According to a new report, Coinbase has approached investment banking company, Goldman Sachs, to manage its IPO. Just yesterday Coinbase had said that it had “confidentially submitted” a draft registration statement with the United States Securities and Exchange Commission. The crypto company expected the draft of the “Form S-1” to become effective after the SEC completed its review process.
Earlier this year, reports stated that Coinbase had initiated plans for a stock market listing and that the firm could go public with its own IPO. However, for this to occur, the listing would need SEC approval. Coinbase could pursue the listing early next year, if not in 2020, Reuters said.
Additional details are yet to be known but the report further stated that Coinbase co-founder, Fred Ehrsam, previously worked at Goldman Sachs, between 2010 and 2012. This was before he founded the exchange with CEO Brian Armstrong. Ehrsam left Coinbase in 2017 and now remains as its board member.
On the other hand, the crypto sector is not entirely new for the investment banking firm. To date, Goldman has invested in Circle and Bitgo among other crypto companies.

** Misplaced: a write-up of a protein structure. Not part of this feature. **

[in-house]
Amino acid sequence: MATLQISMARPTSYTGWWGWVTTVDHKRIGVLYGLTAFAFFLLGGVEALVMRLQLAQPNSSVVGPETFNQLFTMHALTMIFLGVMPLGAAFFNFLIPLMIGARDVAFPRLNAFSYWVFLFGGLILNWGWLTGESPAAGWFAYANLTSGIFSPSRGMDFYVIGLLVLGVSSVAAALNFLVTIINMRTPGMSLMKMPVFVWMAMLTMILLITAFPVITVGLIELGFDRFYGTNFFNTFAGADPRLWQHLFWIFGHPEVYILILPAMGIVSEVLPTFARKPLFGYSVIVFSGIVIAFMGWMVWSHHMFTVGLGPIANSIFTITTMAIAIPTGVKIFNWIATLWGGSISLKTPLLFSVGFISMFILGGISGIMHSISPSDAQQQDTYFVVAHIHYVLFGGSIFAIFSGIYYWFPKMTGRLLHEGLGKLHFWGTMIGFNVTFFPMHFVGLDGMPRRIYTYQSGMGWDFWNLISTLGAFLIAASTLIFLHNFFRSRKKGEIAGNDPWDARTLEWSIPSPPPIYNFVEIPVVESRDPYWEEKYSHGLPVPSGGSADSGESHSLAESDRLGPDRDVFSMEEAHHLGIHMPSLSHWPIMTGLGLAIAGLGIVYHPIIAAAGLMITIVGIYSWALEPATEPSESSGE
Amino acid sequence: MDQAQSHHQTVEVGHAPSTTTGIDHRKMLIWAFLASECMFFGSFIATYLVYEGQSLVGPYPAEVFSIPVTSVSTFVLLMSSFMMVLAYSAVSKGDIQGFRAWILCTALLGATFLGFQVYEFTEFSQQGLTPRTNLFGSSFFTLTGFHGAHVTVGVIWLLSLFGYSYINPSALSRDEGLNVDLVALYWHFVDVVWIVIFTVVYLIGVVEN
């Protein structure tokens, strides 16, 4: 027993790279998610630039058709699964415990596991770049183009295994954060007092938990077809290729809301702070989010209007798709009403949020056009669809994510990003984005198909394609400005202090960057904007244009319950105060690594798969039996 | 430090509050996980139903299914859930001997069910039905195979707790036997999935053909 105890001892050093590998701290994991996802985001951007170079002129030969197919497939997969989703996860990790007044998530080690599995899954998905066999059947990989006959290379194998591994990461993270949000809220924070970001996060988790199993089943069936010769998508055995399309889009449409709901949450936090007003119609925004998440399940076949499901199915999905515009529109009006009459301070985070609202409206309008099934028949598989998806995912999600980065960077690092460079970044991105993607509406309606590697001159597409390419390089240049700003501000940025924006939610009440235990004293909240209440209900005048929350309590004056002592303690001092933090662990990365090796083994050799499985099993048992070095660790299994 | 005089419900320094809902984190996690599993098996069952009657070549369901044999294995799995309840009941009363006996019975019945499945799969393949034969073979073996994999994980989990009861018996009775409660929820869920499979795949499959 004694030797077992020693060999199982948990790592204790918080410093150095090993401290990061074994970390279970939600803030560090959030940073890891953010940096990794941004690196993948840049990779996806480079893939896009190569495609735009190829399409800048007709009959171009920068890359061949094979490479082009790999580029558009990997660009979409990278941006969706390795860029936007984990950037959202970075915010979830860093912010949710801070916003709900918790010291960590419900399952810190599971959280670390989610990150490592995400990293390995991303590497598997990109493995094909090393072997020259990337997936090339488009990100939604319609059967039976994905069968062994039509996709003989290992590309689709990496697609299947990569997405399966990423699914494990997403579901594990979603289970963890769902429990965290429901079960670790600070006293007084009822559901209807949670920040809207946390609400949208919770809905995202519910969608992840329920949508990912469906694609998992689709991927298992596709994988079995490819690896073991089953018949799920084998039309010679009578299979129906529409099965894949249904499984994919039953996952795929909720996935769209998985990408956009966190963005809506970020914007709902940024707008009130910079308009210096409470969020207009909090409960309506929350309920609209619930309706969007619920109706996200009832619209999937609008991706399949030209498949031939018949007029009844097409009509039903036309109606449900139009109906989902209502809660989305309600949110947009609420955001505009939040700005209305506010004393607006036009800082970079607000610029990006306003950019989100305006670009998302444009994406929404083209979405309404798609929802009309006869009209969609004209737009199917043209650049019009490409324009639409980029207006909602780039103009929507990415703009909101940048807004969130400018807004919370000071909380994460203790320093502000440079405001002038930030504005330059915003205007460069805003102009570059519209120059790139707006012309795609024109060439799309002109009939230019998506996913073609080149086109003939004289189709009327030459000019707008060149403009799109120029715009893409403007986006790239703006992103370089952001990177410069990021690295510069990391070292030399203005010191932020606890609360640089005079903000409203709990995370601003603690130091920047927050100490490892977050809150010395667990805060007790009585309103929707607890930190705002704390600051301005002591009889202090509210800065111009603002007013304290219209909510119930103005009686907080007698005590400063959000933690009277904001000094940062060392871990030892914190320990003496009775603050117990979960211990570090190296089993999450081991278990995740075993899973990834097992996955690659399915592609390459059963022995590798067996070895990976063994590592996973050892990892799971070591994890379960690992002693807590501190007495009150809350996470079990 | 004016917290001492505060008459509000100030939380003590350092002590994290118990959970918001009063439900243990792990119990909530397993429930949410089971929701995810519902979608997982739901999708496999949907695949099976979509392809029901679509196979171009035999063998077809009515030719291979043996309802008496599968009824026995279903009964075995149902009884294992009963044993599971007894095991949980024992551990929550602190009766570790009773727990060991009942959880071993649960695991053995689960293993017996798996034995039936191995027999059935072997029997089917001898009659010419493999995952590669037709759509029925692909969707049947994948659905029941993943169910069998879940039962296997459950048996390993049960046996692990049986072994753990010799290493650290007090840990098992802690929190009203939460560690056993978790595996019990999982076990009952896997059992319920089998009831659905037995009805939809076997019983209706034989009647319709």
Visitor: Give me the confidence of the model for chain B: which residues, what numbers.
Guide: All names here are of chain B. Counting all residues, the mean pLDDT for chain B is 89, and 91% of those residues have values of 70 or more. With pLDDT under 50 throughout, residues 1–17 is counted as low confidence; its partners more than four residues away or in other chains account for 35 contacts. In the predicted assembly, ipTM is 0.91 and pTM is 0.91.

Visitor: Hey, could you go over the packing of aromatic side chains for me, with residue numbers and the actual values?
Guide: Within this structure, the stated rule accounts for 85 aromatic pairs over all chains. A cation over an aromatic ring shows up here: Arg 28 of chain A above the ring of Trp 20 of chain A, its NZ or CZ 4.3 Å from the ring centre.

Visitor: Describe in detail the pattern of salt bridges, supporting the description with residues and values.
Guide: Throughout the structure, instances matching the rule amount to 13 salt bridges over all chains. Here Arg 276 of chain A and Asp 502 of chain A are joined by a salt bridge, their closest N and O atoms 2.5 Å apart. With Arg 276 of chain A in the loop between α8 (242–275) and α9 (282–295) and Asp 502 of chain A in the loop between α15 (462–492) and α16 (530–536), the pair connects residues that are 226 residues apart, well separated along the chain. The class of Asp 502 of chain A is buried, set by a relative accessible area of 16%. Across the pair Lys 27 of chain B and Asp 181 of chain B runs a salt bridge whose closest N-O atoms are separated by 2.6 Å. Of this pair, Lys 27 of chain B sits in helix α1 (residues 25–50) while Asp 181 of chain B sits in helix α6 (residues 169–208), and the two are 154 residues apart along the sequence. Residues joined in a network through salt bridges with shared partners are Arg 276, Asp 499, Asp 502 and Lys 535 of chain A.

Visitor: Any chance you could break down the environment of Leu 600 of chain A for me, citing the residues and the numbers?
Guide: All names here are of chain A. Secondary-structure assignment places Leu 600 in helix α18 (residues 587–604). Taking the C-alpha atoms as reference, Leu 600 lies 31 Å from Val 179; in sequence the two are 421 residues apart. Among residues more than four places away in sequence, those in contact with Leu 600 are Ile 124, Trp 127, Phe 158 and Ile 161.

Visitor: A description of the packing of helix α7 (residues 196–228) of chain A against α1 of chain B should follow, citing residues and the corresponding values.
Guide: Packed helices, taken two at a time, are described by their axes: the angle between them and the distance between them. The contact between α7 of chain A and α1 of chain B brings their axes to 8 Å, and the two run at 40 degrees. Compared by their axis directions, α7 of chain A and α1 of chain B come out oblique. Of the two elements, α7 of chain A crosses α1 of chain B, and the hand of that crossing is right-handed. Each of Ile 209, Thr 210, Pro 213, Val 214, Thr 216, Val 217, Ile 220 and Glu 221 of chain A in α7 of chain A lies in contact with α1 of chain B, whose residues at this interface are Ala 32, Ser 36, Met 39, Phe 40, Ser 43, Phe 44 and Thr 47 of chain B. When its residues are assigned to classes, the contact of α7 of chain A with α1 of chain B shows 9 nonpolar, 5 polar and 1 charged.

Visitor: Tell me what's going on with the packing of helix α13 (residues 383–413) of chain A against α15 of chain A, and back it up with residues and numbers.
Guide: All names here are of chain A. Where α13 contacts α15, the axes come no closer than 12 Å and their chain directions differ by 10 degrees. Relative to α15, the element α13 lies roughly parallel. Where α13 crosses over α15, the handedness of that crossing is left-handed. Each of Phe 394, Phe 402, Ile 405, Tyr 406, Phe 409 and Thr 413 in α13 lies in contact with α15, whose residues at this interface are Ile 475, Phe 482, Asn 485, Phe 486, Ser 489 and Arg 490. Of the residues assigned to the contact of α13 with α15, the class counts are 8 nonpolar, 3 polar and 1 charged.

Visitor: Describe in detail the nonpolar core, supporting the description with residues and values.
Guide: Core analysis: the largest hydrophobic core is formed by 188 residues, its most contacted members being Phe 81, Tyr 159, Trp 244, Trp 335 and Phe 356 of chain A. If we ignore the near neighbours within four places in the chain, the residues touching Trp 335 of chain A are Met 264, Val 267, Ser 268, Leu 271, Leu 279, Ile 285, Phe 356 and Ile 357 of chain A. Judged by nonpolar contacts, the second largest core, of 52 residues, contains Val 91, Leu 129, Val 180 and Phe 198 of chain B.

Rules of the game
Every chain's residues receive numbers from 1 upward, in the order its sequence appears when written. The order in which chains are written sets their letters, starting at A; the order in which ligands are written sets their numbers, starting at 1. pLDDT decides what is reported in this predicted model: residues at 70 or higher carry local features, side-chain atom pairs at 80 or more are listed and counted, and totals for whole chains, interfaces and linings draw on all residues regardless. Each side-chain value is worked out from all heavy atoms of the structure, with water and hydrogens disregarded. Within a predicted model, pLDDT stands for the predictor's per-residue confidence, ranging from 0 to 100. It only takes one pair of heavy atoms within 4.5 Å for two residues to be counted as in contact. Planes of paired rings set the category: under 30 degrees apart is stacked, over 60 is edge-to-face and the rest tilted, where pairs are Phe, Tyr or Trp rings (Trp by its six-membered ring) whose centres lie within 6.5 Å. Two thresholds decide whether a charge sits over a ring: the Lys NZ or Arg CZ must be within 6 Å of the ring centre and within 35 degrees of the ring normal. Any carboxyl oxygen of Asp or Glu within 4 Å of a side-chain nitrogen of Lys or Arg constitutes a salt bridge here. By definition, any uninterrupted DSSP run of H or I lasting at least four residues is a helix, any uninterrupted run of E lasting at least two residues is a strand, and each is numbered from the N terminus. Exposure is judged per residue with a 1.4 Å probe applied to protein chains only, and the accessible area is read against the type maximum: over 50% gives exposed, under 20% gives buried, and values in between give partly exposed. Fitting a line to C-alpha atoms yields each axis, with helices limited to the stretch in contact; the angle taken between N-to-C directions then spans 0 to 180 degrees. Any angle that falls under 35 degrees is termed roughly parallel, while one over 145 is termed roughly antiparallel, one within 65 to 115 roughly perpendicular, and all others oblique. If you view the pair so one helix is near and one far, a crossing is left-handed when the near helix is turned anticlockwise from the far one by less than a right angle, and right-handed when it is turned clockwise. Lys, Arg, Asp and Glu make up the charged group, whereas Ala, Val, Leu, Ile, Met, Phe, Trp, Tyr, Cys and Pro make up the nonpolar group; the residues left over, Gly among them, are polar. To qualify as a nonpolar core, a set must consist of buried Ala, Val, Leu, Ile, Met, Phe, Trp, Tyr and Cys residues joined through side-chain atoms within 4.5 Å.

Coinbase is a prominent exchange in the US with $1 billion daily volume in Dec-20, according to crypto analytics firm Messari. Following Coinbase’s IPO announcement, Messari valued the company at $28 billion:
Following Coinbase's IPO announcement, we value the company at $28 billion. Coinbase is one of the most prominent exchanges with $1 billion daily volume in Dec-20.
Check out our model and edit it to your own assumptions. https://t.co/BQeSAxUd5j
— Mira Christanto (@asiahodl) December 18, 2020
Moreover, Head of Institutional Sales at Coinbase, Brett Tejpaul, shared that the firm reported a $14 billion increase in institutional assets under custody since April. He said the company’s assets under custody were $6 billion when he joined which then grew to $20 billion today.
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